O’Connell Street.

Parked at the Lilac Centre. No point fucking around with all that weird on street parking shit. Always that feeling that there’s some fat clamper hiding behind a tree waiting for you to park one inch too far across his imaginary line, and he won’t let you go for any less than a month’s rent. Did a fast u-turn at the Dealz and spun towards the car park fast. Stopped to let a blind man cross at the entrance and then got the ticket and drove up two flights and parked between a Range Rover and a Merc. Good company for the 1.4 Petrol from Mayo, with the Galway registration and 300 thousand miles on her 15 year old engine. Went for the lifts, burnt the floor number into my head, floor one, floor one, cos I knew I’d forget it later and spend half the day wandering around the wrong level suspecting car theft and awkward phone calls to guards and a haype of forms to fill out and no way home.

Emerged at Cassidy travel, people everywhere, souls purgatorial drifting through the commercial river. There was a place selling a can of coke and a pizza for 6 something but I kept going. Out onto Parnell Street, passed Chapters and around by O’Connell Street. People like lost stars in the cosmos, floating around, waiting for buses, people, something. Spotted an all you can eat buffet for 12.99 and made a mental note to attack it later. Passed out the GPO where Liam Neeson tried to blow it up one time and decided to go to Easons. Haven’t darkened their door for about 20 years. They take over 52% from the price of a book just to stock it on their walls so I was in a sorta boycott mode. Then again, I could be missing something crucial, some access to great literature unavailable anywhere else. I had an image of a warm shop, with some kind of government chairs where you could read, research, enjoy the smell of papyrus and dear coffee from an overpriced machine.

There was a woman smoking on the steps on the way in, white shirt, black leather pants, curly raven hair, maybe some picture of a film she saw one time and here she is now living it out in the big city. The doors came back with a cheap whoosh and I was in, underwhelmed and confused. Where’s all the big shtuff ambience? Isn’t this the flagship store? More like just another newsagent that sold books in fancy shelves. Not too sure where the 52% was going. Asked the security guard was I in the right one. He told me there was two more. One on Nasaau Street and another on St. Stephen’s Green. “But this is the biggest one…”


Gave it another whirl around and said fuck this. Back to the Chinese. It was busy with gluttons trying to look fancy, like they had culinary taste and experience, but they really just wanted the brown shlop with a fistful of chips and the ignorant fried rice. I paid your wan and got a plate and stocked up.Not sure what kinda mongrels they were cooking but twas dire stuff and I ate anyway. Nearly time to get the car now aswell. What floor did I say again…1 or 2…..?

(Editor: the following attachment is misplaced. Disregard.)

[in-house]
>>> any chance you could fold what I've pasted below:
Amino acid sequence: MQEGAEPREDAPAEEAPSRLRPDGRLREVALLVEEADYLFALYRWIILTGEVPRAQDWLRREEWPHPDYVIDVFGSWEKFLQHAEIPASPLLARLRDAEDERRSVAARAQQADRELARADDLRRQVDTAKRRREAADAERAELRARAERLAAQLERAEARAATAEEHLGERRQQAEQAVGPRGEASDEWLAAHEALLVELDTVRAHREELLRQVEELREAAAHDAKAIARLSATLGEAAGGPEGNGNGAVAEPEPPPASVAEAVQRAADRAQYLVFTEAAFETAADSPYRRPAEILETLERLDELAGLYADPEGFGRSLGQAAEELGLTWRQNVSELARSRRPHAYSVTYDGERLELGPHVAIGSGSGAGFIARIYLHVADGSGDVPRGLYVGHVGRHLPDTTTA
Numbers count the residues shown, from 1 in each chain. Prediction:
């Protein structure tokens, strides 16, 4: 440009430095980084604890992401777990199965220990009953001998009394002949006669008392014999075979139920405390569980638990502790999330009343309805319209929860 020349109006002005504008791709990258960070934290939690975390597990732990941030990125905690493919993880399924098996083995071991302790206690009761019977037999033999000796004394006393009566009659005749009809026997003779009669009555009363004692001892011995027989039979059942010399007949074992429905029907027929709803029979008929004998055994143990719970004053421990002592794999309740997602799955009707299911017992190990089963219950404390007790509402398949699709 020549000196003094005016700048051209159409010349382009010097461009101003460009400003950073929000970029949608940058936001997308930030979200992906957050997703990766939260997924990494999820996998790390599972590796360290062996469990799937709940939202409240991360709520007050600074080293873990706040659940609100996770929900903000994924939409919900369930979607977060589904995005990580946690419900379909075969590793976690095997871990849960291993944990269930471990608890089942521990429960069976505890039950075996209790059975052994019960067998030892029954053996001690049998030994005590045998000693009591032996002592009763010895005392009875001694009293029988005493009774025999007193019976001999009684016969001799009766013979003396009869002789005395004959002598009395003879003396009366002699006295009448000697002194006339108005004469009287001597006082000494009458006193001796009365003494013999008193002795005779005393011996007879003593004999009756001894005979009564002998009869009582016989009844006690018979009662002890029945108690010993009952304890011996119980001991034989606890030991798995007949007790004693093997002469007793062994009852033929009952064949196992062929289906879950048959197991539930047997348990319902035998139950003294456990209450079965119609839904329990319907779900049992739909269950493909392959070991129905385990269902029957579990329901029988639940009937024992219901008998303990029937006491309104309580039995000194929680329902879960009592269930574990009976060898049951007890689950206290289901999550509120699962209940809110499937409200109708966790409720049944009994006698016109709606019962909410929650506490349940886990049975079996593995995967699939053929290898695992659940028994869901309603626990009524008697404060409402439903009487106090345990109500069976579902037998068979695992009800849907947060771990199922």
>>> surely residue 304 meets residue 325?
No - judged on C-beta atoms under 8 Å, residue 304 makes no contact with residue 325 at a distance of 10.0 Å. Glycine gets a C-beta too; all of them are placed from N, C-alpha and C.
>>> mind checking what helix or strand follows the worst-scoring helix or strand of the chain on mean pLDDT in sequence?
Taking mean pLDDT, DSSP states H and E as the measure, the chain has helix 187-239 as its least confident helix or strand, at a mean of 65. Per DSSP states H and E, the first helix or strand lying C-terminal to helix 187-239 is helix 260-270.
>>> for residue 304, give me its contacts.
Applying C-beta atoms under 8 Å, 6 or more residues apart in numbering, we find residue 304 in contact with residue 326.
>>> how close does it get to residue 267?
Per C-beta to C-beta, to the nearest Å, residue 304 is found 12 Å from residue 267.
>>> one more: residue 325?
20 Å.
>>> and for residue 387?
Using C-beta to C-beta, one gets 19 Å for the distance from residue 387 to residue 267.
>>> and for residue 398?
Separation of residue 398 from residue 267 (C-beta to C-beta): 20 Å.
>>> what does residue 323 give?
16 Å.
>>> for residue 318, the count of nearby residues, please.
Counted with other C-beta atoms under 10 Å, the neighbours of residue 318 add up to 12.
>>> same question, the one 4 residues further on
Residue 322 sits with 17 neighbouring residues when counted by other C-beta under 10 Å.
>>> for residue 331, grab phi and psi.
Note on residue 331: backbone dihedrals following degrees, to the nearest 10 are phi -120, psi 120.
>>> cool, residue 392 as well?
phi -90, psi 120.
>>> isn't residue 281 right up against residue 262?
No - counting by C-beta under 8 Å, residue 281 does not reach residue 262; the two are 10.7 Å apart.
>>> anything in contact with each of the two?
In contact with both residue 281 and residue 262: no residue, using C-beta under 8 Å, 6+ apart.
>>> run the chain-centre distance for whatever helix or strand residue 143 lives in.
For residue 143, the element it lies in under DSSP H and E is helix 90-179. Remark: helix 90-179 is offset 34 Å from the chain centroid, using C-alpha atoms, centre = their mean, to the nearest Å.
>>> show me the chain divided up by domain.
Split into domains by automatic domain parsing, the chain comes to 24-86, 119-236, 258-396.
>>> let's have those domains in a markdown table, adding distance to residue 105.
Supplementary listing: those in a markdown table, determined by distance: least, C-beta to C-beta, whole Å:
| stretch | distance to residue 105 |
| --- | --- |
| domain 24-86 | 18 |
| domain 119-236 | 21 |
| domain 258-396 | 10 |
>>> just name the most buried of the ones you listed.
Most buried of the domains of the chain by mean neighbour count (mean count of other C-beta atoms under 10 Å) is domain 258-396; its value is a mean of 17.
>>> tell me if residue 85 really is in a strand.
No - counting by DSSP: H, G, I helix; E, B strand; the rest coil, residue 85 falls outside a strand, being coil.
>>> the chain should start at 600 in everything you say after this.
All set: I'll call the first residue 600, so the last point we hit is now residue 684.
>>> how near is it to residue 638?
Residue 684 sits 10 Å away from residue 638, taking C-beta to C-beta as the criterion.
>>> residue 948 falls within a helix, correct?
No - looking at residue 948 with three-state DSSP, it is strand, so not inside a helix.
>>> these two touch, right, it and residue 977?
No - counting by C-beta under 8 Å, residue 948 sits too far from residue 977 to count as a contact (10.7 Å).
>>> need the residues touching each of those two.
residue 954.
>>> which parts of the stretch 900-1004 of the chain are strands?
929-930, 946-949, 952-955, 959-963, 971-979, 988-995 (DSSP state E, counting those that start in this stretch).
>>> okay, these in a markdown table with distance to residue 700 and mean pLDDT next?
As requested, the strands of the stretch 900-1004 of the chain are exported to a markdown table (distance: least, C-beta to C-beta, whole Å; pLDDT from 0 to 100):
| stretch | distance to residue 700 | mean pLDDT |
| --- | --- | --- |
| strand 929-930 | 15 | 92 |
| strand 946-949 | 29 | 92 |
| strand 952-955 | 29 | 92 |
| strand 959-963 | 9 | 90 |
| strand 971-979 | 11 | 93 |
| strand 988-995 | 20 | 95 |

Stargate Athlone

 He got out on a Friday, mad for drink, craic, mayhem. First place he found was a closed restaurant and decided to rob it. Kicked in the door, American Roadhouse style, got into the kitchen and raided the presses, cabinets, anywhere that looked like it might have money or a key to a safe or even just a box of change to keep him going. He found nothing but half drank bottles of wine and buckets of margarine. He took the wine, and left the buckets. Broke back out through the window and decided he needed a car.  

Our carpark downstairs was his next port of call. Not sure how he found it. Instinct maybe, fluke, or he followed down some innocent tenant that opened the secure gates like an invitation from car robbing karma world. He was well drunk now, not in a fit state to discriminate car models.  Which was good cos there was a few. Fancy new SUV’s, BMW’s, and one or two electric yokes. After that, it was all downhill. 10 years old and better. There was even a Corolla covered in dust and cobwebs that stirred envy and nostalgia in anyone born before 1995. It was the older cars he went after. No alarms, simpler to hotwire, probably easier to drive too as he’d been in jail when the newer ones were invented. He hit a Fiesta first. Got two euro worth of change. Then went for the Peugeot something. 203, 303, who knows. There wasn’t much in that, maybe a jacket and a pair of shoes and an old bottle of water. He broke the window in disgust and kept going. Eventually he found a Polo and somehow got it started. I suppose it was time to go at that stage. Cameras, nosie, broken glass, curious passers-by. The Polo was small with great power, which was good because he didn’t know how the gates worked. If he chose the exit gate it would open automatically but, if chose the entry gate, he’d have to drive right through it. He chose the latter and smashed into it with a loud clang and clatter that oddly woke nobody. The gate itself looked wounded, knocked, twisted like it was trying to do yoga and got stuck half way into the waiting street. He went again, and again, and again until it gave and landed on the road and he was able to speed off in the front wrecked Polo into the wine drunk night. Guards by now had been notified, made alert, told what was happening. The people at the restaurant had called first, and now this Fast and the Furious effort going on in the nearby carpark. They had an idea of who it was. Had been known for this kinda thing. They knew it would be an eventful weekend. Just didn’t expect it a few hours after he was released. It wasn’t that hard to find him either. Once someone put in the report of the car on fire about five miles up the road it all came together like a Sherlock jigsaw. They arrested him close by. Still with the wine, burnt clothes, and the few euro he stole from the Fiesta.  He woke up the next morning again, back in jail, charged with more of the same as before and sure twas all the one. Great night out altogether.